China struggles to ease power cuts amid heat wave

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China struggles to alleviate energy shortages and bring more water to the drought-stricken Yangtze River basin as it weathers a record heat wave, deploying relief funds, seeding clouds and developing new sources of supply.

For more than two months, cooking temperatures halted crop growth, threatened livestock and forced industries in the southwestern hydropower-dependent regions to close to ensure the supply of electricity to homes.

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China has repeatedly warned that it faces a proliferation of extreme weather events in the coming years as it tries to adapt to climate change and temperature increases that are likely to be more severe than elsewhere.

The current extreme heat likely stems from a “special case” of high pressure from a subtropical ridge in the Western Pacific that stretches across much of Asia, said Cai Wenju, a researcher at Australia’s National Institute for Scientific Research, CSIRO.

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On Wednesday, China’s southwest Sichuan province said it would ration energy supplies to homes, offices and shopping malls, after already ordering energy-intensive metals and fertilizer producers to cut back. the operations.

In what appears to be an official call to reduce electricity use, government offices have been asked to set air conditioners to no less than 26C and use more stairs instead of elevators, the Sichuan Daily, run by the provincial government, said. said.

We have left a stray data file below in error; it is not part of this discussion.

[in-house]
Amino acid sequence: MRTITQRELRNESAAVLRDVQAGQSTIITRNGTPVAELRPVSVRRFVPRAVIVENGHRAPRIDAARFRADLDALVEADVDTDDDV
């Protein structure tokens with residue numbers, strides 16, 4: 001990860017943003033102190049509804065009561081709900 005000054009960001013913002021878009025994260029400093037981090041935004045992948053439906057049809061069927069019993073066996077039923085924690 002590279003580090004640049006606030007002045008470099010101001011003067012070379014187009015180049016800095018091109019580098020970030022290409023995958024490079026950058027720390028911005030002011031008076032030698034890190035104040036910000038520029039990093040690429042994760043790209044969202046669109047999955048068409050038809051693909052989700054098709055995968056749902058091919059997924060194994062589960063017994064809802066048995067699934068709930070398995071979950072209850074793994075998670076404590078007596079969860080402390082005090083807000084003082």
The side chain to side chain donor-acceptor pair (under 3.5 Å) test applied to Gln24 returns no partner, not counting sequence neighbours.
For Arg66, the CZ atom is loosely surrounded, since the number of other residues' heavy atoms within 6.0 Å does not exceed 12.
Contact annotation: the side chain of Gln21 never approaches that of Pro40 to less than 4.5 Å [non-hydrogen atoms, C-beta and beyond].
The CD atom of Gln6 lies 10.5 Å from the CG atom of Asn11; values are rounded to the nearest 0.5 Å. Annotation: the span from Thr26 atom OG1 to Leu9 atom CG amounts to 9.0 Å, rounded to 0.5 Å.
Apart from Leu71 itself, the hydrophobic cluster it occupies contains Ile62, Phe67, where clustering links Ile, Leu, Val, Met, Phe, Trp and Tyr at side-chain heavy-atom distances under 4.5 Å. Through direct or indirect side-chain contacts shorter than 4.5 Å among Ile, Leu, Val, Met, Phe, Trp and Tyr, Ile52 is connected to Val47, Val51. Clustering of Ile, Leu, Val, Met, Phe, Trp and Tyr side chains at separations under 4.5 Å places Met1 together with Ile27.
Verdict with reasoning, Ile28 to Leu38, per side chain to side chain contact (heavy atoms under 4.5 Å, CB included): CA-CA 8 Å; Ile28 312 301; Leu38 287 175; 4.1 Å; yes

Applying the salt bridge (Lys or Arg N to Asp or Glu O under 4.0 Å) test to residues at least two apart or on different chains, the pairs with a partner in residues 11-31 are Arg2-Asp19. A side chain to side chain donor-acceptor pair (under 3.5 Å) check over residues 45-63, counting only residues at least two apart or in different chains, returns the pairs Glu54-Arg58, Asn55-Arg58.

Fountains, light shows and commercial activities after dark must be suspended, he added.

Power shortages also prompted several companies in the sprawling Chongqing region, bordering Sichuan, to say they would halt production.

Hydroelectric power accounts for about 80% of Sichuan’s power capacity, but diminishing water flows into the Yangtze and its tributaries has led to a struggle to meet growing demand for air conditioning as temperatures soar to 40C and beyond.

Drought across the Yangtze River basin is also “negatively affecting” drinking water for rural people and livestock, as well as crop growth, the water ministry said in a statement.

It urged drought-stricken regions to make plans to maintain water supplies with measures such as temporary water transfer, development of new sources and extension of pipe networks.

To increase downstream supply, China’s largest hydropower project, the Three Gorges dam, will increase water discharges by 500 million cubic meters in the next 10 days, it said Tuesday. Water flows this week were about half of those a year earlier.

Some animals from drought-stricken areas have been temporarily moved elsewhere, the Finance Ministry said this week, pledging disaster relief of 300 million yuan ($44.3 million).

On Wednesday, the central province of Hubei became the latest to reveal an effort to induce rainfall by sending planes to shoot the chemical silver iodide into the clouds.

Other regions of the Yangtze also launched “cloud seeding” programs, but with very thin cloud cover, operations in some dry areas remained on hold.

The heat wave in China lasted 64 days, making it the longest since full records began in 1961, state media said, citing data from the National Climate Center.

Up to 262 weather stations recorded temperatures of 40ºC and above, also the highest count. Eight registered 44ºC.

High temperatures will persist until Aug. 26 in the Sichuan basin and much of central China, the meteorological center predicts.

Source: CNN Brasil

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